COMPARATIVE MATERIALS ON HUIZHOU MERCHANTS
The parallels between Foshan and Huizhou merchants are striking. Despite the span of historical time and space between Anhui province where Huizhou lies, and the Pearl River delta in Guangdong province, which is home to Foshan, some comparisons can be made. First, owners of large private lands in Huizhou were rare. Ye Xian'en observes in his book on the Huizhou merchants in the Ming-Qing period that few private landlords owned over 100 mu of land. This form of investment in land was small in proportion to the enormous wealth accumulated in commerce. However, merchant contributions to ancestral estates were substantial, amounting sometimes to thousands of mu in wooded hilly land.
Many of the estates were rented out long term to rich households who contracted bond servants (dian pu) to manage the wooded lands. These operations assured merchants of a steady supply of products (such as lumber, bamboo, and tea) for their trade, and profits accumulated were often turned into loans for interest collection. The vast sandy land in the Pearl River delta auctioned out by town-based ancestral trusts to tenant contractors for long-term development quite paralleled the cultivation of woods for lumber in the hills of Huizhou. Furthermore, in Guangdong, it was common to find entire villages of particular surnames that were bond servants to established lineages. However numerous their members were, they were treated by their patrons as mixed surnames (za xing), that is, as members of lineages without ancestral halls and subject to numerous ritual restrictions.
Economic functions aside, the estates in both Huizhou and Guangdong and the rituals they financed had a cultural-political dimension. They were set up in the name of founding ancestors. With due recognition by state officials, local populations claimed native roots and the associated rights of settlement and use. Furthermore, the estates were managed by those linked to the town merchants with particular social bonds and obligations. Many of the functionaries had become prosperous entrepreneurs themselves, but cultural rules demarcating status remained strong. The merchants' contribution to the estates legitimized their membership in the community despite their prolonged residence in towns and cities. Harriet Zurndorfer's examination of the Fan lineage estates reveals generations of land and other investments by lineage segments whose members became prosperous in commerce. In a word, lineages were more than kinship and rituals: they were cultural inventions with significant economic and political impact. In an emerging status hierarchy of which lineage became a significant component, a merchant could profit as kin and patron.
Cultural strategies extended beyond the local community. Historical materials on Huizhou merchants point to the elaborate political networking created by the merchants' support of education. In the six counties of Huizhou, there existed fifty-one academies of varying sizes and visibility, most of them built during the Ming and early Qing, when the Huizhou merchants were enjoying great prosperity. From village schools to county academies, merchants' support not only prepared their kin for officialdom but the academies also became the arena for activities other than schooling. At times as a result of territorial bonds, at times as a result of kinship, these institutions were where local leaders, merchants, and officials composed the local and regional versions of a literati language for practical politicking. The numbers of graduates are staggering. During the Ming, Huizhou produced 298 juren (provincial graduates) and 392 jinshi (metropolitan graduates). In the Qing, it produced 698 juren and 226 jinshi. The importance of the Xin'an school of thought (Xin'an xuepai), brandishing leading neo-Confucians as its native sons, can be seen as part of such a process. It may be useful to view the late imperial state as a totalizing cultural idea rather than as political machinery, and as such it allowed local agents to maneuver shrewdly from within.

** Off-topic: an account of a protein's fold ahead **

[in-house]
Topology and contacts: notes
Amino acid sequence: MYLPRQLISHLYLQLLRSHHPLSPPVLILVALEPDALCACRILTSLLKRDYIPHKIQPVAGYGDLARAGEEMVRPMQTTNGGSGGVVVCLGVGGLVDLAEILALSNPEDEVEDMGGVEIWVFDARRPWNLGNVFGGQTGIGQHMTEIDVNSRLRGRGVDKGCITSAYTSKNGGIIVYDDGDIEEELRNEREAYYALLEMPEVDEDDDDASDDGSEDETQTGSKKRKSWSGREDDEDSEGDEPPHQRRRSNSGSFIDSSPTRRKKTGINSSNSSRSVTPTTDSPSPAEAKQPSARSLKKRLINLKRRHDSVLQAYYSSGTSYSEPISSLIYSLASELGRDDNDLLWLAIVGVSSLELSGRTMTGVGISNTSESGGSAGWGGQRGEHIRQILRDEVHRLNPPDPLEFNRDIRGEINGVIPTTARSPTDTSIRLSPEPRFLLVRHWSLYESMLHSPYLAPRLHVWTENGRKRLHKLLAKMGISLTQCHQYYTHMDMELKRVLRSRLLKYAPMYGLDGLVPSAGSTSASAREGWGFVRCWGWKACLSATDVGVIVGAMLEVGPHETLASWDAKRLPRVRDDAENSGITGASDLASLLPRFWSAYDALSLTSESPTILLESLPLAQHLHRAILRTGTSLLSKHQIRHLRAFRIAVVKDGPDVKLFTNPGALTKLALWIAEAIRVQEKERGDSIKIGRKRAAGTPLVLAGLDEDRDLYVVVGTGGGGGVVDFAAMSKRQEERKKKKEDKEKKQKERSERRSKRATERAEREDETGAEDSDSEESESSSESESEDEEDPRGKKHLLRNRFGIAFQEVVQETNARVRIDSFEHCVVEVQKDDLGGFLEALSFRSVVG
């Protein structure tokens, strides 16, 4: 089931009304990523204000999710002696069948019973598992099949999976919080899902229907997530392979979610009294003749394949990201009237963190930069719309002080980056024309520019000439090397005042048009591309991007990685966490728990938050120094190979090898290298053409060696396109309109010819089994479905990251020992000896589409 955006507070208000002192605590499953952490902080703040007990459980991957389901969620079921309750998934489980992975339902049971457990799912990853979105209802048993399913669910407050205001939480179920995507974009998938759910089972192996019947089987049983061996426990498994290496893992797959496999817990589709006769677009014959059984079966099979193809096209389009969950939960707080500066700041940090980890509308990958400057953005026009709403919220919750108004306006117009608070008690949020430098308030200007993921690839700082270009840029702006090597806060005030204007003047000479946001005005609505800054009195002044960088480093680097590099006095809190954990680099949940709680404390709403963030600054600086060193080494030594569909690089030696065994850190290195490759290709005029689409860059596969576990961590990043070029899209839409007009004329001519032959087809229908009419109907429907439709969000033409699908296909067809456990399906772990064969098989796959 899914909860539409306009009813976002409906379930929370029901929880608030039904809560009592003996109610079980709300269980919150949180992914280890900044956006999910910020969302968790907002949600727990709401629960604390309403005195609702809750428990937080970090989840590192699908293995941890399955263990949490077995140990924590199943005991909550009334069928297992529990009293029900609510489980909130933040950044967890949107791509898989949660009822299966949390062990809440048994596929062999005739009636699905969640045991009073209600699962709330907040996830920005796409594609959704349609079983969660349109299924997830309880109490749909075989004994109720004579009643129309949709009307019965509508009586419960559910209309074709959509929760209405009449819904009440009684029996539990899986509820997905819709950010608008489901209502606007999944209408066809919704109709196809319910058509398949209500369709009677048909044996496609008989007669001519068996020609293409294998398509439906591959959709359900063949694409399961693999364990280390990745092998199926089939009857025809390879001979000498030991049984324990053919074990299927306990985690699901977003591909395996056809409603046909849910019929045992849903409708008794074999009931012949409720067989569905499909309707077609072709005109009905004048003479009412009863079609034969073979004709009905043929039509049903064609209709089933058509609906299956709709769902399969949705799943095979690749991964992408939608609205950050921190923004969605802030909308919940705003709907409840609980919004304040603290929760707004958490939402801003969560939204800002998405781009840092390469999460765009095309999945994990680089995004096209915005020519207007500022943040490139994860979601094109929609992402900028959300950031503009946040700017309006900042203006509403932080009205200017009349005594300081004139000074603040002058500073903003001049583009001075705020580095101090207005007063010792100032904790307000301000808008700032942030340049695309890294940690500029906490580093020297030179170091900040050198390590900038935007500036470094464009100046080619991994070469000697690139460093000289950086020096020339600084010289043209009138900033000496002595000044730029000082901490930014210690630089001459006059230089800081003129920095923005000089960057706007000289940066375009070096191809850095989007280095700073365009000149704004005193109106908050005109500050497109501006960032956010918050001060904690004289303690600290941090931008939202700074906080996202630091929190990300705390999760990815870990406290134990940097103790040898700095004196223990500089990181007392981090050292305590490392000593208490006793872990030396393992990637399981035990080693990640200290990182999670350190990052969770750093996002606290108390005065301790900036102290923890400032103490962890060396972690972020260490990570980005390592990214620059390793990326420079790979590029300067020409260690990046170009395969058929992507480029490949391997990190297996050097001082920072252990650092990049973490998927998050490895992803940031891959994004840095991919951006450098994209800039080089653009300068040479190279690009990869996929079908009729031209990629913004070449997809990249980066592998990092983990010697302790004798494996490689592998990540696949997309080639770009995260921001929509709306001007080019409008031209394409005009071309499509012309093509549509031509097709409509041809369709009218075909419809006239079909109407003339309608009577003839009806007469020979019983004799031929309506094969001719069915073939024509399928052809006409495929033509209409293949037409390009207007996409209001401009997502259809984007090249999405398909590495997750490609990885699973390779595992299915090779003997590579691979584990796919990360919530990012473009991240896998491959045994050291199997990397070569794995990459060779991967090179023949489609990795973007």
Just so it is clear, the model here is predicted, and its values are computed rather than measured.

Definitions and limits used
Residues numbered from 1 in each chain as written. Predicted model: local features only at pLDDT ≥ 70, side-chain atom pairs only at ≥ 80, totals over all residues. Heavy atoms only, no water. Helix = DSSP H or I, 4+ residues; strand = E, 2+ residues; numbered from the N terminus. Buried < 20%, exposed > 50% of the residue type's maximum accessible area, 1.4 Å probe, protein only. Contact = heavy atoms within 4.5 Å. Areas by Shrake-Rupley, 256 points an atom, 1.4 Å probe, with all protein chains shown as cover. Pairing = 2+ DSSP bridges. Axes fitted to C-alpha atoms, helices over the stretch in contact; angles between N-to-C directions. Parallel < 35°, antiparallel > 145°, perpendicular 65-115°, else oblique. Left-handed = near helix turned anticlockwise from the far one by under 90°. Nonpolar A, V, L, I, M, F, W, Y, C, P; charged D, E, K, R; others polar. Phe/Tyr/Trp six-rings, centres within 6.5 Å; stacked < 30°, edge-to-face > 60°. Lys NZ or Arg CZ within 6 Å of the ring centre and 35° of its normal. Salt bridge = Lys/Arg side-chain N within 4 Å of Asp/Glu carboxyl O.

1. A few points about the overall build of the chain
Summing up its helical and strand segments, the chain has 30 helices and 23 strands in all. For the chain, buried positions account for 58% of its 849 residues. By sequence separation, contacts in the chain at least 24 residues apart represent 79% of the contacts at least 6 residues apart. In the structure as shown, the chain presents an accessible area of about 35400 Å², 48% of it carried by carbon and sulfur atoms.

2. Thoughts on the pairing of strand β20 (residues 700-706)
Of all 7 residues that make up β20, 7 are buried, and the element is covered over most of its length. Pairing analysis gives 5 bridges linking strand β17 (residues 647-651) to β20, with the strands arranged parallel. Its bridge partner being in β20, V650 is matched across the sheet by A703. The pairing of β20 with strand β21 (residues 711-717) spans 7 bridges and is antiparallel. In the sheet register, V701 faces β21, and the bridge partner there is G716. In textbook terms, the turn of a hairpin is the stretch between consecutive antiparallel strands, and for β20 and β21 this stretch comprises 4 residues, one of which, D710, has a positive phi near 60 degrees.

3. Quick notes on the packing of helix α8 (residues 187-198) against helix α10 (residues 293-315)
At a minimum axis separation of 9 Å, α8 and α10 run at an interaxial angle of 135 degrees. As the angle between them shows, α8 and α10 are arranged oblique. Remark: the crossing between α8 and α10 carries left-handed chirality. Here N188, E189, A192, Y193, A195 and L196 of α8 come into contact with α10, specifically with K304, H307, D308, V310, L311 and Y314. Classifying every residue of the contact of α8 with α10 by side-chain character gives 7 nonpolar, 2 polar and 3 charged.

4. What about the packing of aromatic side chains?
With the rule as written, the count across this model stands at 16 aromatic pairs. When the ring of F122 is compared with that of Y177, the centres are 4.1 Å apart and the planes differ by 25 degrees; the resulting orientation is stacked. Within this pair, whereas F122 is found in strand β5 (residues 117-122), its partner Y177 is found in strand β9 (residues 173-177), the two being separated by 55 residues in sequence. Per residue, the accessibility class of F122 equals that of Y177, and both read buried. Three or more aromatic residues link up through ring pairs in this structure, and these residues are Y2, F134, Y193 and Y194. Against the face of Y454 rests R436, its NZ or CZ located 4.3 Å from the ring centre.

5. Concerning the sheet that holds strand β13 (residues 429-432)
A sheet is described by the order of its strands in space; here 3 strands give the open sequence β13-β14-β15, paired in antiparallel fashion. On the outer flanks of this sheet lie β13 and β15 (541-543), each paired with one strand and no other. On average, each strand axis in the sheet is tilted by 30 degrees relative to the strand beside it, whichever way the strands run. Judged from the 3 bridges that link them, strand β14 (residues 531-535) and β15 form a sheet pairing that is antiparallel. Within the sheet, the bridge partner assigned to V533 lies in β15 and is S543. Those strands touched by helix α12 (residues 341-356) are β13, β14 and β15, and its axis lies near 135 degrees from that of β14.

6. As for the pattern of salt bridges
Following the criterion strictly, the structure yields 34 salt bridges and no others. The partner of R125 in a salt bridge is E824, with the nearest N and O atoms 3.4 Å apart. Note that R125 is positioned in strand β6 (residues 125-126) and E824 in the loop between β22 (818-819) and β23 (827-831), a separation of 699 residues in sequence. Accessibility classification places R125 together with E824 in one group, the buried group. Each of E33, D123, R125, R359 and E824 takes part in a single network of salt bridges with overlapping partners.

The Huizhou merchants were also distinguished by their conspicuous elaboration of literati lifestyles, regional drama, and the arts. Major Huizhou opera troupes (Si da Hui bang) had prominent merchant patrons. It would be difficult to dismiss their actions as unsophisticated acquisition of "superfluous things." Ironically, in the merchants' eager emulation of the literati and in their subscription to what they perceived as state orthodoxy, they created new social and cultural space within the imperial order that linked city to country. In a word, judging from the development in Huizhou, merchants could be central to the very cultural processes of state making and of incorporation of local society into the imperial order. Hence their liturgical role during the high Qing.
G. William Skinner's work on the hierarchy of markets confirms the importance of economic nodes for cultural integration. The economic importance of the Huizhou merchants in the Yangzi River system is reflected in a saying that "one cannot claim to have a market if there are no Huizhou merchants." Moreover, their influence on mainstream cultural pursuits could hardly be discounted. It is worth noting that out of the four persons who, at the request of Emperor Qianlong, donated over five hundred types of books and manuscripts to the imperial library (Si ku quan shu guan), three were merchants of Huizhou origin.